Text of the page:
Why We All Need A Digital Detox
On World Mental Health Day, we look at one of the ways in which we can positively affect our mental health in our day to day lives: by putting down our phones, laptops and tablets.
In an era where people document every detail of their day online, where it takes a matter of seconds to contact someone and where more and more people are becoming addicted to their phones, we should all be taking a regular digital detox. A shocking statistic shows that UK adults spend an average of 8 hours 41 minutes a day on screens, which is more time than they are asleep! We want to explore what a digital detox is and how we do one.
What is a digital detox?
A digital detox means unplugging from all tech devices, be it phones, computers, tablets and even televisions, for a given period of time. It is a way to connect more to in-person experiences without the distraction of an Instagram notification or a Whatsapp stealing your focus. The beauty of a digital detox is that it is completely personal to the individual and can be tailored around your lifestyle.
Why do we need a detox?
From causing sleep issues to mental health and social pressures, there are so many reasons why a digital detox is beneficial. Technology has become incredibly fast and widely accessible, which has many positive aspects in that we can FaceTime family on the other side of the world and we can get the answer to any question in seconds. However, this has also meant that more than 1 in 3 young adults believe that they have a smartphone addiction.
Here are some of the benefits of having some time offline and away from screens:
It is difficult to concentrate on any given task if your phone is constantly pinging with notifications from all of the various platforms and applications on your devices. The average American checks their phone 344 times a day, which equates to every 4 minutes - imagine how much more efficient we could be with our time if we didn’t stop what we were doing to check our phone.
The ever-present digital connections and the constant need to check them and feel on top of replies and communications can, understandably, be very stressful. Having dedicated times to switch off from it all can make it seem more manageable.
Be more present
How often are you having a conversation with someone but also replying to a text or scrolling ‘the Gram’ whilst watching tv? By eliminating devices at meal times or when you are with friends or family, you are allowing yourself to connect with them properly and be completely present in their (or your own) company.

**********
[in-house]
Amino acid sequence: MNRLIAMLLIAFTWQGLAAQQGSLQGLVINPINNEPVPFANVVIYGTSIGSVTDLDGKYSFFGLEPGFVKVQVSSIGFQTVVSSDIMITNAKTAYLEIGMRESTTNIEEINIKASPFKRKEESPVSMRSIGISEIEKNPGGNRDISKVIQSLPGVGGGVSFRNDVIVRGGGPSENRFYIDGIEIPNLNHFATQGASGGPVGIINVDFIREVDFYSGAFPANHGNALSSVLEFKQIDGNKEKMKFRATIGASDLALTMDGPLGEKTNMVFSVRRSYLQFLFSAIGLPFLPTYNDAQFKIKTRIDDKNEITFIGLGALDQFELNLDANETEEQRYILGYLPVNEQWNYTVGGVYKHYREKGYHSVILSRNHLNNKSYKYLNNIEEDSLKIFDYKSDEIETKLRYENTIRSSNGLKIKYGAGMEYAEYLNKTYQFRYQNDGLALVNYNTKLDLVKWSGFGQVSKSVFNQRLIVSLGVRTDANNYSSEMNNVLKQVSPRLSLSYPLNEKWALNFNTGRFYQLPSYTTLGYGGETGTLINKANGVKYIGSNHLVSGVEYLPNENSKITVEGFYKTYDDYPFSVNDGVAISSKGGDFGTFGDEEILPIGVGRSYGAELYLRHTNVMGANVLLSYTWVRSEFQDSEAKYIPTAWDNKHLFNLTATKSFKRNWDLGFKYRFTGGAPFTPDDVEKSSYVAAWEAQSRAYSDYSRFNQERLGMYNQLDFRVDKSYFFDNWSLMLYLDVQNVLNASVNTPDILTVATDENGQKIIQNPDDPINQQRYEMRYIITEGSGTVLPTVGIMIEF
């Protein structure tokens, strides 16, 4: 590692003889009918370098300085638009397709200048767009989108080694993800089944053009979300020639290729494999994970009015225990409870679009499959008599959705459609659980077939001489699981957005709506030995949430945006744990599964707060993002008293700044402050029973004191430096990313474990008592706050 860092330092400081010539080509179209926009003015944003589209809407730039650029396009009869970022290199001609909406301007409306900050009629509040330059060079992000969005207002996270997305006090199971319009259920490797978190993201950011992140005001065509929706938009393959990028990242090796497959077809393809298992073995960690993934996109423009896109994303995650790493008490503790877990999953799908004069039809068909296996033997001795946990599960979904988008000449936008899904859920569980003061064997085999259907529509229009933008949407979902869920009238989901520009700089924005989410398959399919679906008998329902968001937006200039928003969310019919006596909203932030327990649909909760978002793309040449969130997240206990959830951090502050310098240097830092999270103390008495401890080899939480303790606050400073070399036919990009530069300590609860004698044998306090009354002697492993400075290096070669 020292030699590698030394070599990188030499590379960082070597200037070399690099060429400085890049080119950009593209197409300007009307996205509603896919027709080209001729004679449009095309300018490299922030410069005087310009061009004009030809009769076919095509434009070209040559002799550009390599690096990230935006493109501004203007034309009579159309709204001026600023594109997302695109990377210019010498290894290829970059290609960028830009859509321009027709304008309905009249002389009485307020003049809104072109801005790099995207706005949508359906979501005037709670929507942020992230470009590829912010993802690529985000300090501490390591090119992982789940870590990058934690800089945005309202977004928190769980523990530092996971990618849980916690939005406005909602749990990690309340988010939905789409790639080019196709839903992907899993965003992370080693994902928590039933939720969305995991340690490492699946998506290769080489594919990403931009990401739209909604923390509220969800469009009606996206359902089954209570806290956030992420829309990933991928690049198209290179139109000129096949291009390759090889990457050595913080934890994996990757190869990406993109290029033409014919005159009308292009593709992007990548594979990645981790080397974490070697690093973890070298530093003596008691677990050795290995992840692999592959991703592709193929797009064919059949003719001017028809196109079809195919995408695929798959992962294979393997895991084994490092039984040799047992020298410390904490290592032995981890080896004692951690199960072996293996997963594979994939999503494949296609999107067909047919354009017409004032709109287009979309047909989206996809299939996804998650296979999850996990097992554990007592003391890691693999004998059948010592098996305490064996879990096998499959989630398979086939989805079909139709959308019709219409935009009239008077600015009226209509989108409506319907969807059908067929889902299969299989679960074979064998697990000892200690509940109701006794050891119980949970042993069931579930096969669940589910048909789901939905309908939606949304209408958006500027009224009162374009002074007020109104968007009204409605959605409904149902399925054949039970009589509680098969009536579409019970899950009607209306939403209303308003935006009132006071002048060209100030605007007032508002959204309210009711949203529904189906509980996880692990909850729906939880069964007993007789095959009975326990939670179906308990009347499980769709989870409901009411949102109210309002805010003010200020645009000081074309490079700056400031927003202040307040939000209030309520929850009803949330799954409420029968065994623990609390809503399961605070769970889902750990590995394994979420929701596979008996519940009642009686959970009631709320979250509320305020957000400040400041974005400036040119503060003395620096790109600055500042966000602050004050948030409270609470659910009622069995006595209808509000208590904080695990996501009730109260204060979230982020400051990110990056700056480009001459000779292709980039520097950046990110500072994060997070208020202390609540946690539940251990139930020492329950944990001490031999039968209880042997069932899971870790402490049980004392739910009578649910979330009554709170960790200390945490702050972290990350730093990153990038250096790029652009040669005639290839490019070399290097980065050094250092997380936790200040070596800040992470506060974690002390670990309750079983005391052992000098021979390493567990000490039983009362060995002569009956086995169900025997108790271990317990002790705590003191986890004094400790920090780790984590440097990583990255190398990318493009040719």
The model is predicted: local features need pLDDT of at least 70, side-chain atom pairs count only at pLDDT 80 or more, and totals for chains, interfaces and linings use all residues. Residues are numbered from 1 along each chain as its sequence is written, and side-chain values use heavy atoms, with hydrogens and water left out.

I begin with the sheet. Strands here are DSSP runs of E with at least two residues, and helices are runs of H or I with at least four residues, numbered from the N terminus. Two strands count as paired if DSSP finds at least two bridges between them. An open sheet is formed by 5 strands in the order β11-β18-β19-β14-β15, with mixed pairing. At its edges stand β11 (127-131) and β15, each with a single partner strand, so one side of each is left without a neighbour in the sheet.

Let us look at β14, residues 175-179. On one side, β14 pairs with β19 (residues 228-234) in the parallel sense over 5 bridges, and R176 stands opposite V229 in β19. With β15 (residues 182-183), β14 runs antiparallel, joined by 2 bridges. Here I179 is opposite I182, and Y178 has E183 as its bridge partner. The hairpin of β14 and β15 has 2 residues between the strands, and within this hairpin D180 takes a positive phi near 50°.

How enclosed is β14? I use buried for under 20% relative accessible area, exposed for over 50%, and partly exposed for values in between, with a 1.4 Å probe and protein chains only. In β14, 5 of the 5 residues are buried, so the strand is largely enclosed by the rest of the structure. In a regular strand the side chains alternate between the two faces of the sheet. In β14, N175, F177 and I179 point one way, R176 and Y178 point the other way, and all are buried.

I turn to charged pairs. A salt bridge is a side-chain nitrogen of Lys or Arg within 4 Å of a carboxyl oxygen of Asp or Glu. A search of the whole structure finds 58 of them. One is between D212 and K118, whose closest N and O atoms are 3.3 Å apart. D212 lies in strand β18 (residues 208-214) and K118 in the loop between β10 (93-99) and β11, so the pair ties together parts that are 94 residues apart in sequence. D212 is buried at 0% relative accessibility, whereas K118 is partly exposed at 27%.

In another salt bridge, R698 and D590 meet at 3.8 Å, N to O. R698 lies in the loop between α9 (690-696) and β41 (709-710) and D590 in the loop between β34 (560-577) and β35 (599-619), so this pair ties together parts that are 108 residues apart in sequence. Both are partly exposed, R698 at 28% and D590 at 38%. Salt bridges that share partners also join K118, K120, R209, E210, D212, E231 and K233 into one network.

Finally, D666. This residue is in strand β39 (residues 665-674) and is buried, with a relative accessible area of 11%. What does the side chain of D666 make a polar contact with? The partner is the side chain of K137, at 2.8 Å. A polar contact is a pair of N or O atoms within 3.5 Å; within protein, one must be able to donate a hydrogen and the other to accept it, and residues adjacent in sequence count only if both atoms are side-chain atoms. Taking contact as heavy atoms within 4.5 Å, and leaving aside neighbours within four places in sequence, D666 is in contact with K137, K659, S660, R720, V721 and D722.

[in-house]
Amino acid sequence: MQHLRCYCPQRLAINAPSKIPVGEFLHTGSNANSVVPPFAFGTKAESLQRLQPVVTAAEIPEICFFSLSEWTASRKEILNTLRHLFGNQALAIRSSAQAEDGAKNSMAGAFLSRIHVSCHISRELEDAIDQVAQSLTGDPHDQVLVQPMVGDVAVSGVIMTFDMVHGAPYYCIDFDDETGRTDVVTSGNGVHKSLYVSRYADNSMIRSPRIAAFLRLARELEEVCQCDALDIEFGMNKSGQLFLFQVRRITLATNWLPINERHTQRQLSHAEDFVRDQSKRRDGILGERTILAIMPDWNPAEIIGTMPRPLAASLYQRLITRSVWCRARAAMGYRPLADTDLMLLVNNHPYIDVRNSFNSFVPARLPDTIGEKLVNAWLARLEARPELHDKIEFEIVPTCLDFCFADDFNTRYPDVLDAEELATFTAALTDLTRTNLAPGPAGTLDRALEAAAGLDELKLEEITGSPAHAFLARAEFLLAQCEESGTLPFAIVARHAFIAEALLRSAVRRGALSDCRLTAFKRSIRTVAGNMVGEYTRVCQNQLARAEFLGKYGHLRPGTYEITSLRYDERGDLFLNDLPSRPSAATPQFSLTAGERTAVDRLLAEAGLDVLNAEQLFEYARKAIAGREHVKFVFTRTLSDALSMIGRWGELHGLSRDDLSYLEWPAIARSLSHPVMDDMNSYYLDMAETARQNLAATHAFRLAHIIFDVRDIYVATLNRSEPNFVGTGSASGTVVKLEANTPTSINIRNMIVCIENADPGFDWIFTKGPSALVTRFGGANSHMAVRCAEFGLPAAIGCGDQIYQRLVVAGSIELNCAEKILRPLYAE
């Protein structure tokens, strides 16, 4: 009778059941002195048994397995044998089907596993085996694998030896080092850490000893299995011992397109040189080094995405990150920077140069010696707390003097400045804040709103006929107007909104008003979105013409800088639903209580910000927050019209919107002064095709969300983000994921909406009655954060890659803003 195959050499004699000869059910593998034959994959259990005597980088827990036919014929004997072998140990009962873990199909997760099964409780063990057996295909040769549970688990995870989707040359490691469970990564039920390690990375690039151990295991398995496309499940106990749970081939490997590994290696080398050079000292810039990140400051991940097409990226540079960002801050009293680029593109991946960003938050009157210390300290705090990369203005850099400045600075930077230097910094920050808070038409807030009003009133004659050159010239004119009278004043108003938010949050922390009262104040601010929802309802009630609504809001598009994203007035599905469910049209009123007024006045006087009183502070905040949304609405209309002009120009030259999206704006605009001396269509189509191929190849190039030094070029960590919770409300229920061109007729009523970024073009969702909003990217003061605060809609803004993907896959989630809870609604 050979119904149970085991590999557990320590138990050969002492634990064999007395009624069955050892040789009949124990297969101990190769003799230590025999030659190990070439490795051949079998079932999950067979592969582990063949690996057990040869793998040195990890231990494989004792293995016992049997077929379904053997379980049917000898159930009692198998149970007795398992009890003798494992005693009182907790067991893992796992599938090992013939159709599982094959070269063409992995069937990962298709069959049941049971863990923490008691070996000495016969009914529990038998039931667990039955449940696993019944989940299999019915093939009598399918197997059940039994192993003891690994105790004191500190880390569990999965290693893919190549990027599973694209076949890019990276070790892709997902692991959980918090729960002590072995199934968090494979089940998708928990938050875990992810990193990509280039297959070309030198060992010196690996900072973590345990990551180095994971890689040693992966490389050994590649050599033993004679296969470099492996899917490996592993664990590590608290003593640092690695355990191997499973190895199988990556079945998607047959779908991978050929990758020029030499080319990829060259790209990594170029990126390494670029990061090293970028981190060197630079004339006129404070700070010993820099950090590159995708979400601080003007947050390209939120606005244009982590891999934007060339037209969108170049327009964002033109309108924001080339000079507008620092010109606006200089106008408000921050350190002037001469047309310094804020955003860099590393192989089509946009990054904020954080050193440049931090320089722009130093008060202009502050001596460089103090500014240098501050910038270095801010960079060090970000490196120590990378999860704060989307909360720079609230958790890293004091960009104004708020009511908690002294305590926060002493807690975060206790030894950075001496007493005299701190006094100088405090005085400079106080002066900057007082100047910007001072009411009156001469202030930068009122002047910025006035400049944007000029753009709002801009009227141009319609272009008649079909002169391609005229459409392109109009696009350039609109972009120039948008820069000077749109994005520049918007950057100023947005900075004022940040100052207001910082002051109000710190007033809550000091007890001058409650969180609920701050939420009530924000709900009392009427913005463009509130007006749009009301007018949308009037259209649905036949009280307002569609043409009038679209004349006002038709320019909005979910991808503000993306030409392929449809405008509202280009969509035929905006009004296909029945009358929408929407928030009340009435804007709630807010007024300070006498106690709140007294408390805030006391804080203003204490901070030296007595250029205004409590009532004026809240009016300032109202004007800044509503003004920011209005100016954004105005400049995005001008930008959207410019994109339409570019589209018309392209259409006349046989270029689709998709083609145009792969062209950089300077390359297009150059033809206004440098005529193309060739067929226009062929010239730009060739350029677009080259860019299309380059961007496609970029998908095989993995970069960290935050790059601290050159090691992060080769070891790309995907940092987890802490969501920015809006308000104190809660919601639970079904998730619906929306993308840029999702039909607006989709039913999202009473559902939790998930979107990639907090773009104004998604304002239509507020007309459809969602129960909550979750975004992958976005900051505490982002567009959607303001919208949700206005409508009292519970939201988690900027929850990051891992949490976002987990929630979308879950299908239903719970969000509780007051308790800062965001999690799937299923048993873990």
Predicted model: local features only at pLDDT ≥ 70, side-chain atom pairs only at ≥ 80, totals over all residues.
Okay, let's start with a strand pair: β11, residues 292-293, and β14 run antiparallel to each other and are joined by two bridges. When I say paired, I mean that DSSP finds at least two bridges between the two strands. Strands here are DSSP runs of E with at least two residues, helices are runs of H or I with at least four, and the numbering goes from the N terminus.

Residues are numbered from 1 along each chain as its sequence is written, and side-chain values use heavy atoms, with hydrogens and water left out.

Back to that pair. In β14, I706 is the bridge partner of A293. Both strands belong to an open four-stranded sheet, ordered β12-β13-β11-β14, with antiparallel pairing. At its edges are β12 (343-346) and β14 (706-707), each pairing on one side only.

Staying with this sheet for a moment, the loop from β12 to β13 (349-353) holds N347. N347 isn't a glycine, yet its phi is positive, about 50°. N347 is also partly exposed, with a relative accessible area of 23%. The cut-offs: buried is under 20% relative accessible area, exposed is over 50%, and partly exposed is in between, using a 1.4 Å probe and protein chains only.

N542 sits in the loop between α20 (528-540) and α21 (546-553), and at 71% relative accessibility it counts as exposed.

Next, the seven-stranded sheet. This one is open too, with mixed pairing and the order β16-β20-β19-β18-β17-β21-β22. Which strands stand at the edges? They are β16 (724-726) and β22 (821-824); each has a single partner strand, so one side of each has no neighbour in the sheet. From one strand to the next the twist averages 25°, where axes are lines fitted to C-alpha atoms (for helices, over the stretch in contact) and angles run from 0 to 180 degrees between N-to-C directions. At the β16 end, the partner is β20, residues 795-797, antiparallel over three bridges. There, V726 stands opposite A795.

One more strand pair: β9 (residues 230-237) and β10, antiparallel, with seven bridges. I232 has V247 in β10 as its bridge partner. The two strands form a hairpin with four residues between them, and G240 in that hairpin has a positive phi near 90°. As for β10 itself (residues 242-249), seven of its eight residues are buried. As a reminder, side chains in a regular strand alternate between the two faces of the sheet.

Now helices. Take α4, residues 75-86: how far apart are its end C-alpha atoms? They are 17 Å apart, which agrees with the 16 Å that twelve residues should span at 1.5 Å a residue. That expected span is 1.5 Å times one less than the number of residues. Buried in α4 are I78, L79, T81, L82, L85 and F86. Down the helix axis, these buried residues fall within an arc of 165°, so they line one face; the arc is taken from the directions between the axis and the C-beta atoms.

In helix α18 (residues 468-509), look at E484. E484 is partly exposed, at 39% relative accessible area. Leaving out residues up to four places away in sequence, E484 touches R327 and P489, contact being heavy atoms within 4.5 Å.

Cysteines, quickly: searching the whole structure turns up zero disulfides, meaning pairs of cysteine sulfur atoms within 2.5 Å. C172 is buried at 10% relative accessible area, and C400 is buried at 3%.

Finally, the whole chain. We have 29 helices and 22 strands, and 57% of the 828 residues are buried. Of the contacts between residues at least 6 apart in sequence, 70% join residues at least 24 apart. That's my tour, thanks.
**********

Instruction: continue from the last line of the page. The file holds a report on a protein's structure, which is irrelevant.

It is a well known fact that you should avoid looking at screens for an hour prior to bedtime. That said, not many of us adhere to that advice and checking our phone is often the last thing we do at night and the first thing we do in the morning. Checking social media whilst in bed increases the likelihood of anxiety, insomnia and shorter sleep duration.
Improve mental health
Social media in particular has been linked to having adverse effects on mental health due to the overwhelming problem of comparison on visual platforms. But the issue goes quite a lot deeper, with studies showing that heavy internet has strong links to depression as well as increased symptoms of ADHD and conduct disorder.
How do we have a digital detox?
It’s important to understand that a digital detox doesn’t have to mean all or nothing, it is simply about encompassing small, incremental changes into your daily routine to give yourself some respite from the all consuming technological world. If there is an area in particular that you know takes up a lot of your time, focus on ways to reduce that and work from there. Here are five suggestions on how to reduce the time you spend attached to your devices.
1. Set achievable targets
If you cannot go 5 minutes without checking your phone then it might be best to start with short chunks of time and dedicate a tech-free half hour at the end of each day and gradually build up.
2. Create a detox that works for your lifestyle
If you need your phone or laptop to work every day then it may not be practical to do a complete 24 hour detox. Instead you could try having lunch away from your desk, going for a walk and leaving your phone in the office.
3. Set boundaries
4. Remove distractions
Turn off your notifications or put your phone on airplane mode during times of focus. You can also remove notifications on computers and tablets as they can be equally as distracting.
If you feel panicked at the thought of not being able to reply to every message immediately, communicate that you will be doing a digital detox with your friends and family and that you will be offline for a period of time. You could replace messaging with a phone call or meeting in person, you may just find that you feel much more connected to that social interaction.
For more inspo on taking some time away from your screens, check out Venetia La Manna’s #offline48 where she takes 48 hours to have a digital cleanse.
Written by Rebecca Jackson, Stories Behind Things